Though the film’s sharp cinematography and coarse production design will keep you visually engaged The Disappearance of Alice Creed falls short as a casualty of cliché. It borrows generously from other works within the genre be it Ron Howard’s Ransom or Rob Reiner’s Misery and sadly doesn’t give anything in return making for an awfully average and prescribed moviegoing experience.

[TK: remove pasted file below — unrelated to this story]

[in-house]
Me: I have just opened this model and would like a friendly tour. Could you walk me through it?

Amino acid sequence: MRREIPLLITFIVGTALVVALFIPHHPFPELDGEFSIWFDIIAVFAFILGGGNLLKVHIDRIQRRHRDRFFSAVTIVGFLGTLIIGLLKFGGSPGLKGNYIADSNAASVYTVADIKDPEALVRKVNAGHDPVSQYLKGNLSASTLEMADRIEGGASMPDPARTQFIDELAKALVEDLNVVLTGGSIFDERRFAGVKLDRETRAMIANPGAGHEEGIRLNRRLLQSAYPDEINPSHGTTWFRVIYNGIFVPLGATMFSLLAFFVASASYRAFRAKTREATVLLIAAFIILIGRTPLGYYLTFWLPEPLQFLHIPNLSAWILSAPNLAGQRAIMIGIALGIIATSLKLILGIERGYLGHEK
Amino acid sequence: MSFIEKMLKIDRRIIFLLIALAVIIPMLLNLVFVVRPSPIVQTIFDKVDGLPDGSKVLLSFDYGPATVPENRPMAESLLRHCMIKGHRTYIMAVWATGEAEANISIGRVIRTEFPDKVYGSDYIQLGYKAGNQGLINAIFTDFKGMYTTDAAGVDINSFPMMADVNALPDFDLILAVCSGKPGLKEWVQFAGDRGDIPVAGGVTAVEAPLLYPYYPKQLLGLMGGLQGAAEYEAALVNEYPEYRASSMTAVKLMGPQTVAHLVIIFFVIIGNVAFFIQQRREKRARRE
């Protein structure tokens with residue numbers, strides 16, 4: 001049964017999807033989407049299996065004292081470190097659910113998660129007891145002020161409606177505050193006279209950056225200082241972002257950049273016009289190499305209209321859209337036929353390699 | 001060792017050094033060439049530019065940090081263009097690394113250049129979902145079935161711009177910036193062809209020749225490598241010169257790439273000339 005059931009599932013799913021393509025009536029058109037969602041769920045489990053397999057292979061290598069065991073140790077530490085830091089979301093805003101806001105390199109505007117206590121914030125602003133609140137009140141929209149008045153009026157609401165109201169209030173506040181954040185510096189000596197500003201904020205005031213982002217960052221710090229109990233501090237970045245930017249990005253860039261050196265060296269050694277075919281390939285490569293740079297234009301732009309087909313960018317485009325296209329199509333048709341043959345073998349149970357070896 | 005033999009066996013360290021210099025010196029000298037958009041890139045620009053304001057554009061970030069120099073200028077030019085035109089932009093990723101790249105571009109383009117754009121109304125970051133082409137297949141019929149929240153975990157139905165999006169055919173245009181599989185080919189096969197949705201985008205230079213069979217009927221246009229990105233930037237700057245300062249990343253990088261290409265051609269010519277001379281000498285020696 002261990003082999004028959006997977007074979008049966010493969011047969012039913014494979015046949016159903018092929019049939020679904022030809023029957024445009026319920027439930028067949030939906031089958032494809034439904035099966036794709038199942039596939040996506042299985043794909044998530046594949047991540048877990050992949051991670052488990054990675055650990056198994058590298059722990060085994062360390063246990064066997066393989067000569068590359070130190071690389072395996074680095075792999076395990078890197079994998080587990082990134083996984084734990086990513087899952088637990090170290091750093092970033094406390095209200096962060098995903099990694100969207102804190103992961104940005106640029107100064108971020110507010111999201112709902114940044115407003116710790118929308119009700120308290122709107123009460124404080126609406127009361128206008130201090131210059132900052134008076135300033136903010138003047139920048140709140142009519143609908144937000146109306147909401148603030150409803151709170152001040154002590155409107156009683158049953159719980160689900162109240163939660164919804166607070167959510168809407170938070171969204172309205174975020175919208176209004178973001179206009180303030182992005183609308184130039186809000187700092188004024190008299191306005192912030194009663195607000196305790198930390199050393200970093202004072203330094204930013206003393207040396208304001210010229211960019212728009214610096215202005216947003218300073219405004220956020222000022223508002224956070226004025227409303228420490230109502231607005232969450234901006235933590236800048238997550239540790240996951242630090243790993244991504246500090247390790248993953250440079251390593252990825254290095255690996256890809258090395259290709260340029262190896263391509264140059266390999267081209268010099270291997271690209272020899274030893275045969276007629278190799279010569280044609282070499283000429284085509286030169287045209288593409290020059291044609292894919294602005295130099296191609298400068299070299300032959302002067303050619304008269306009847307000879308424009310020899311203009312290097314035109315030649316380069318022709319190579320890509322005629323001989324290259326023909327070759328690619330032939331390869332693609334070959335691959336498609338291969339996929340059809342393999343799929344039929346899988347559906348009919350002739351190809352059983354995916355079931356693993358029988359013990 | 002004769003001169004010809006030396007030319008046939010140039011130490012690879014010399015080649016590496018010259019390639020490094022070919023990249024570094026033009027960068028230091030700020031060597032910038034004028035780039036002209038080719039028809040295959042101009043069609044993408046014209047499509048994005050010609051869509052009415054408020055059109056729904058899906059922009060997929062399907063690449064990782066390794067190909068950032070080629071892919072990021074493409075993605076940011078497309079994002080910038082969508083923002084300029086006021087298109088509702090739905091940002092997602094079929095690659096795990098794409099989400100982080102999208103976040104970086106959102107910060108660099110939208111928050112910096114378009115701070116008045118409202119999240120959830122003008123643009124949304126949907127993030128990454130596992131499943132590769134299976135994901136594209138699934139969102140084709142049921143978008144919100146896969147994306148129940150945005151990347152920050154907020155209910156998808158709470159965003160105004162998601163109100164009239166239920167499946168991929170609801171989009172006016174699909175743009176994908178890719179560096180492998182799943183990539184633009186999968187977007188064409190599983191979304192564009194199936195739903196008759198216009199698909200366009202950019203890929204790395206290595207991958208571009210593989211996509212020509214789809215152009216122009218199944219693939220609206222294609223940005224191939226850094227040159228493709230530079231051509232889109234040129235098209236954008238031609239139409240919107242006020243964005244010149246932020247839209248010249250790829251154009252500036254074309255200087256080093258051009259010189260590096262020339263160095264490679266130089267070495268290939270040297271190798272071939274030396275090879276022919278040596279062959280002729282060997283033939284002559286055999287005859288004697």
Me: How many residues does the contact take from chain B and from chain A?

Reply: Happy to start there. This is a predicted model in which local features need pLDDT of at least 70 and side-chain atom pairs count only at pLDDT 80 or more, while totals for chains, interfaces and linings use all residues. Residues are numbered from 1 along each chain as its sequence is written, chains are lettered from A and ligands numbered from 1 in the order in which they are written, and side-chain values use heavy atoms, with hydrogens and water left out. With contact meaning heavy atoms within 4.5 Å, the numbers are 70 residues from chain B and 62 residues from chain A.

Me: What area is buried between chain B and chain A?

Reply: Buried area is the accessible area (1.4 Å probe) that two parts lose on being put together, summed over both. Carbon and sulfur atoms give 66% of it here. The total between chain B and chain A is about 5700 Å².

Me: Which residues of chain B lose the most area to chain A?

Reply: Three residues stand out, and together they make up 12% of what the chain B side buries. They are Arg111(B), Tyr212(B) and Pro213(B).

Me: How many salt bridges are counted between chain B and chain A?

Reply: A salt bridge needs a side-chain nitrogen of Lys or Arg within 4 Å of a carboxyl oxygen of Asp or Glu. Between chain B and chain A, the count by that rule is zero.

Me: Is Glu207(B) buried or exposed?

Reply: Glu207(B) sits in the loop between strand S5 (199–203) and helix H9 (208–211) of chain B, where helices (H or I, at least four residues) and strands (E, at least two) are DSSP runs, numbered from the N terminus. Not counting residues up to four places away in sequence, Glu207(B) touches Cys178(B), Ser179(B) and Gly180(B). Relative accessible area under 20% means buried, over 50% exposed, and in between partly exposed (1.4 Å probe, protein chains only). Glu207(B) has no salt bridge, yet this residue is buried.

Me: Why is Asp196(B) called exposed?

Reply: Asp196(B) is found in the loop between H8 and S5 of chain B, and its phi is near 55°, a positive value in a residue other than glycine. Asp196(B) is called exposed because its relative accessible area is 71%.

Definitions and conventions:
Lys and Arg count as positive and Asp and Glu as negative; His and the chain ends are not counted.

In the beginning of the Dark Ages the warlords of England are brutally kept in line by the Irish King Donnchadh (David O'Hara). Tristan (James Franco) has grown up hating the Irish for killing his family and has made a strong allegiance to father figure Lord Marke (Rufus Sewell) while Isolde (Sophia Myles) Donnchadh's daughter has grown up under her father’s thumb. After a fierce battle that leaves Tristan near death he washes up on Irish soil and is nursed secretly back to health by Isolde who tells him she’s someone else. The two fall madly in love but Tristan must return to England before he’s discovered. Meanwhile Donnchadh decides to stage a tournament between all the champions of England with his daughter as the prize. Tristan ends up winning the princess' hand for Lord Marke but is horrified to find out she’s his own true love. Tristan and Isolde now must suppress their love for the sake of peace and the future of England. But despite their best efforts to stay apart the lovers are driven inexorably together. Despite the fact that Franco (Spider-Man) and Myles (Underworld) look lovely rolling around on the ground in romantic trysts and gazing forlornly at one another you don’t necessarily feel any heat between them. That seems to be mostly the fault of Franco who plays the young Tristan far too stoically. We understand he’s a tortured soul torn between duty and love with his eyes perpetually half-filled with tears. But couldn’t he have shown a little more passion (and while he’s at it washed his hair)? The luminous Myles is better at showing her burning desire but she too is left many times sad and weepy. Only Sewell (Legend of Zorro) who is usually delegated to playing bad guys shows any kind of raw emotion as he first falls genuinely in love with his bride--and then is betrayed by her and the only son he ever knew. He’d probably make a great King Arthur. As the Celtic myth of Tristan and Isolde predates the Arthurian legend as well as Shakespeare’s Romeo and Juliet you can easily see how those two more famous stories were possibly formed. Tristan & Isolde is a classic story of forbidden passion set against political upheaval as well as a tale about a tragic love triangle. Producers Ridley and Tony Scott had been fascinated with the legend for many years and finally got the opportunity to bring it to the big screen. Ridley however who directed last summer’s medieval fare Kingdom of Heaven wisely chose to hand over the directing reins to Kevin Reynolds (Robin Hood: Prince of Thieves) who adequately paints a picture of a time when chaos reigned. Maybe Tristan & Isolde is not as compelling or romantic as the king of them all Braveheart but it is certainly far more accessible than say Kingdom of Heaven. Sorry Ridley.